The First Circuit on Friday confirmed a California attorney’s conviction over a 3 million inventory pump-and-dump, confirming the refection of his acquittal motion and stating that even though under his “novel theory” co-conspirators could sell unregistered stock, he still told “confessed lies” that allowed fraud.
In a 15-page ruling, the three-judge panel supported the jury verdict against lawyer Richard Weed, who had been detained last year in Massachusetts federal court for his role in a scheme that enabled two prior stockbrokers to acquire free inventory in a fighting sports ticket broker and market it into unwitting investors. U.S. District Court Judge Douglas P. Woodlock then sentenced Weed to four years in prison for his part in the securities fraud.
Weed filed an appeal, and in June his attorney contended to the First Circuit that Weed’s misrepresentations in comment letters to transport representatives stating the co-conspirators were exempt by a Securities Act rule requiring enrollment of a security prior to its sale did not matter since Weed back then had just cited the incorrect part of federal law.
In its Friday judgment, the appellate panel pointed out that the government’s assertion that since Weed made the contention for the very first time when he transferred for post-trial judgment of acquittal, it hadn’t been preserved for appeal purposes.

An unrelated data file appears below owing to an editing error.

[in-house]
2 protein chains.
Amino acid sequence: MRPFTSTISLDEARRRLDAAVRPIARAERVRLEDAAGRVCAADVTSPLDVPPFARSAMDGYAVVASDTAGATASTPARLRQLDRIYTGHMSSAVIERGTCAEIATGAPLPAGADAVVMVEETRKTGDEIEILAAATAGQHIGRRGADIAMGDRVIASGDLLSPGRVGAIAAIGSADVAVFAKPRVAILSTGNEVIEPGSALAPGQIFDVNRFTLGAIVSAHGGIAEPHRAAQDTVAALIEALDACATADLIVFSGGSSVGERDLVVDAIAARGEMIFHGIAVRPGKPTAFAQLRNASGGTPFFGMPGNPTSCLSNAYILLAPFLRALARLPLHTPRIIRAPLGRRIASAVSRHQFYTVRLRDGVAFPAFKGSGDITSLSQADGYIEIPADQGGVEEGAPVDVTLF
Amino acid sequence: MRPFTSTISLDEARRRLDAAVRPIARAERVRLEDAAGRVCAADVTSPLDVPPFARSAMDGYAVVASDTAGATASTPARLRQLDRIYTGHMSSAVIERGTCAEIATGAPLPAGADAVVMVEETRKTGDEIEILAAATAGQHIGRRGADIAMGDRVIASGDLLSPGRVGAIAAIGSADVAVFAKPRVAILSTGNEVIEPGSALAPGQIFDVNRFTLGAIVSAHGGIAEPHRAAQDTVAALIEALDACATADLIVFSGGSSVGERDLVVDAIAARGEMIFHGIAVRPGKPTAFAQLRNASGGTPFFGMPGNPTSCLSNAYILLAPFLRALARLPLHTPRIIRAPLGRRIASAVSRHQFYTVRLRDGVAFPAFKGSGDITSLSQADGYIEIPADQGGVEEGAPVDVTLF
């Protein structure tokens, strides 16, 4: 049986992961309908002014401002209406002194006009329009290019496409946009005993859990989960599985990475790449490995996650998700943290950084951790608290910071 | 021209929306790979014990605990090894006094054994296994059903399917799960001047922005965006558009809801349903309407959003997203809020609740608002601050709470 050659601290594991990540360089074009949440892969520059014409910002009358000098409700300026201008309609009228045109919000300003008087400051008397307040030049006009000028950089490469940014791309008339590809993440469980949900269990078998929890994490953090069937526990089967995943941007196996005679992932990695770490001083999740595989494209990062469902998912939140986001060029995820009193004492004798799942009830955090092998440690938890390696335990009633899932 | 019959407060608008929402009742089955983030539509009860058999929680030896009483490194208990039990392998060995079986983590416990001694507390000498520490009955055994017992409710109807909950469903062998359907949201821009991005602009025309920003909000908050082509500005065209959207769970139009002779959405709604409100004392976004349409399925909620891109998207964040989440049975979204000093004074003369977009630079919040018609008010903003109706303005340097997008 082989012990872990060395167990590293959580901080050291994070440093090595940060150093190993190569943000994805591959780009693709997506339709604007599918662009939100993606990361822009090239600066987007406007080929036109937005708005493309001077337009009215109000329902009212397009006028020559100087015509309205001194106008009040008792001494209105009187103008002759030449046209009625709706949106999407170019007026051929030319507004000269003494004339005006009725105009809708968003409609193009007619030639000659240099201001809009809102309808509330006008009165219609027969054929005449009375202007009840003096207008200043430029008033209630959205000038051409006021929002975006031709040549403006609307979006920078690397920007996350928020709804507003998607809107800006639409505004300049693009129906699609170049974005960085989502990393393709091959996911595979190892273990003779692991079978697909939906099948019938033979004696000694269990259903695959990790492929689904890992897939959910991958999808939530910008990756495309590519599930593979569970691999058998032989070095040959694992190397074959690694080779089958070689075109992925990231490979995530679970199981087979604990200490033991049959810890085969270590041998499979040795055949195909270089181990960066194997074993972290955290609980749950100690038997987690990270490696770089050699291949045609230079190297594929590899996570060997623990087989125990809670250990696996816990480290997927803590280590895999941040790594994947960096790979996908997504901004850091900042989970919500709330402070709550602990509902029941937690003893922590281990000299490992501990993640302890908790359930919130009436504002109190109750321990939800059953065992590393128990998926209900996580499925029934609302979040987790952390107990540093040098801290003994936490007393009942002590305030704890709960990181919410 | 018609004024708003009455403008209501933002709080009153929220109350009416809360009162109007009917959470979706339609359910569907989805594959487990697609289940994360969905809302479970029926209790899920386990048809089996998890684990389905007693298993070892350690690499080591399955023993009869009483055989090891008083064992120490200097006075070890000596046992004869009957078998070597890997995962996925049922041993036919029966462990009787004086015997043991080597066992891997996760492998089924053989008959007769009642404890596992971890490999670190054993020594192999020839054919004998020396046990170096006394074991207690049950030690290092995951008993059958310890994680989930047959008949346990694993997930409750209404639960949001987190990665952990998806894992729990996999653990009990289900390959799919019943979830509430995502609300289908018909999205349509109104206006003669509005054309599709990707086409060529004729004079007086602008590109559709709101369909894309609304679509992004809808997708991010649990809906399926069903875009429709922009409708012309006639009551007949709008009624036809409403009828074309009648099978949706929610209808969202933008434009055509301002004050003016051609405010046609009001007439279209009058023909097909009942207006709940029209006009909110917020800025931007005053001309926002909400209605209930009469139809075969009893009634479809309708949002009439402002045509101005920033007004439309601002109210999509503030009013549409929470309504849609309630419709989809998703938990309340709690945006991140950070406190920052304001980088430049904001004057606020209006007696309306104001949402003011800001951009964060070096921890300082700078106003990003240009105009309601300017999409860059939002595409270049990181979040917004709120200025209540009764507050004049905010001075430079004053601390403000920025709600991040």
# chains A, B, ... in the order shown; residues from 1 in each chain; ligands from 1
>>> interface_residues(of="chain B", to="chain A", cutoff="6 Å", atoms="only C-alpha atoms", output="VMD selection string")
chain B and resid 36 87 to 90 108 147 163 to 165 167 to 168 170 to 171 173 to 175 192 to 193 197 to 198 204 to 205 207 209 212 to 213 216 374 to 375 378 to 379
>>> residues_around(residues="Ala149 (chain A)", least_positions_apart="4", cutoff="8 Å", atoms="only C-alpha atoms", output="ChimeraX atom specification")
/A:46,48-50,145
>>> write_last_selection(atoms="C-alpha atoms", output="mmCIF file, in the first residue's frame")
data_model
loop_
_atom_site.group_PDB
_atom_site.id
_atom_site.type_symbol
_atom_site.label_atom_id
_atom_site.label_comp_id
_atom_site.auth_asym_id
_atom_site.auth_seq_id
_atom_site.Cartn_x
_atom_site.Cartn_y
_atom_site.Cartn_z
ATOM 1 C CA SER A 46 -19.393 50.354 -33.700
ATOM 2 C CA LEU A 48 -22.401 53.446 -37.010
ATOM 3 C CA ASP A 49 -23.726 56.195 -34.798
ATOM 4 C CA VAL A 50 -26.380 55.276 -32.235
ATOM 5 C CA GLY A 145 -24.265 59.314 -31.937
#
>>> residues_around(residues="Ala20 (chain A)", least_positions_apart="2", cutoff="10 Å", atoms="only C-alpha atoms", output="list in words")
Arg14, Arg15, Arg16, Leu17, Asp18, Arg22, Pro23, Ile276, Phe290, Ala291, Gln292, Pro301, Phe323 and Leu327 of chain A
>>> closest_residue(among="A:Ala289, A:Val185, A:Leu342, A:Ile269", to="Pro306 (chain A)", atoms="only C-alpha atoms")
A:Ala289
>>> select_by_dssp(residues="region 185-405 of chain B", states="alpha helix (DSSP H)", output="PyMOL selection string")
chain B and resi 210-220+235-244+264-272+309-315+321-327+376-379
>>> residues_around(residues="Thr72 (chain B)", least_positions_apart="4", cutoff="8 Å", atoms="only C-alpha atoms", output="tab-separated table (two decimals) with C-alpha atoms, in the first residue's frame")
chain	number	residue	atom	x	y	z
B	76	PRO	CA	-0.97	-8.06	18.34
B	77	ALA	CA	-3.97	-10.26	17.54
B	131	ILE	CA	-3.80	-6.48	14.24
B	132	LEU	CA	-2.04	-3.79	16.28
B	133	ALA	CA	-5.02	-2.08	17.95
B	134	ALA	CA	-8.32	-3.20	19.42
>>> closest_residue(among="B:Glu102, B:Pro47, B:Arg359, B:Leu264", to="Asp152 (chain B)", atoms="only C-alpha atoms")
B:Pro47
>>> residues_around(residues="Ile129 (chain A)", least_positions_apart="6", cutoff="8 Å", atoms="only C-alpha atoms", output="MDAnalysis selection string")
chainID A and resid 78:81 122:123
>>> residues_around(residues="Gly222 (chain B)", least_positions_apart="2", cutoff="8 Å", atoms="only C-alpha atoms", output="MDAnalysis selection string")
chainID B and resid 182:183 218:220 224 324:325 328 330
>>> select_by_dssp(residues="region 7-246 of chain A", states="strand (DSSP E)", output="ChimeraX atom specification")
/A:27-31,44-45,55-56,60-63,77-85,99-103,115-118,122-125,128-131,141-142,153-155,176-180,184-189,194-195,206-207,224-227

“Because Weed’s claims are easily disposed of on the merits, we decline to decide this preliminary question and assume, favorably to Weed, that the de novo standard of review governs,” the First Circuit held.
Trial evidence demonstrated that from 2008 to 2013, Weed and two prior stockbrokers, Coleman Flaherty and Thomas Brazil, conducted their pump-and-dump scheme working with a public “shell” business that Flaherty had obtained from Weed in 2008, the First Circuit states.
So as to dump overvalued inventory on the public marketplace, Weed had falsely told inventory transfer agents that the securities have been exempt from registration under Rule 144, which places certain limitations on the resale value of securities held by men and women who control businesses.
“As mentioned previously, a vendor can benefit from the safe harbor if he’s a non-affiliate of this issuer and meets the other listed criteria,” the panel stated.
Weed’s letters stated firm affiliates Brazil and Flaherty — that pled guilty and testified against Weed — weren’t in charge of the firms.
On appeal, Weed argued that the securities were, in actuality, exempt for another reason, under Part 3(a)(9) of the Securities Act.
Weed maintained that the exemption applies not only to the market from debt into common stock, but also additional sales of the frequent stock in perpetuity.
The First Circuit stated Weed’s criminal conviction was about the lawyer’s fraudulent activities, no matter the enrollment requirement.
” Even assuming that the exemption applied and the conspirators were thus entitled to receive freely tradable shares, that fact would not excuse Weed’s resort to misrepresentations to help Flaherty and Brazil obtain the stock,” the appellate court said.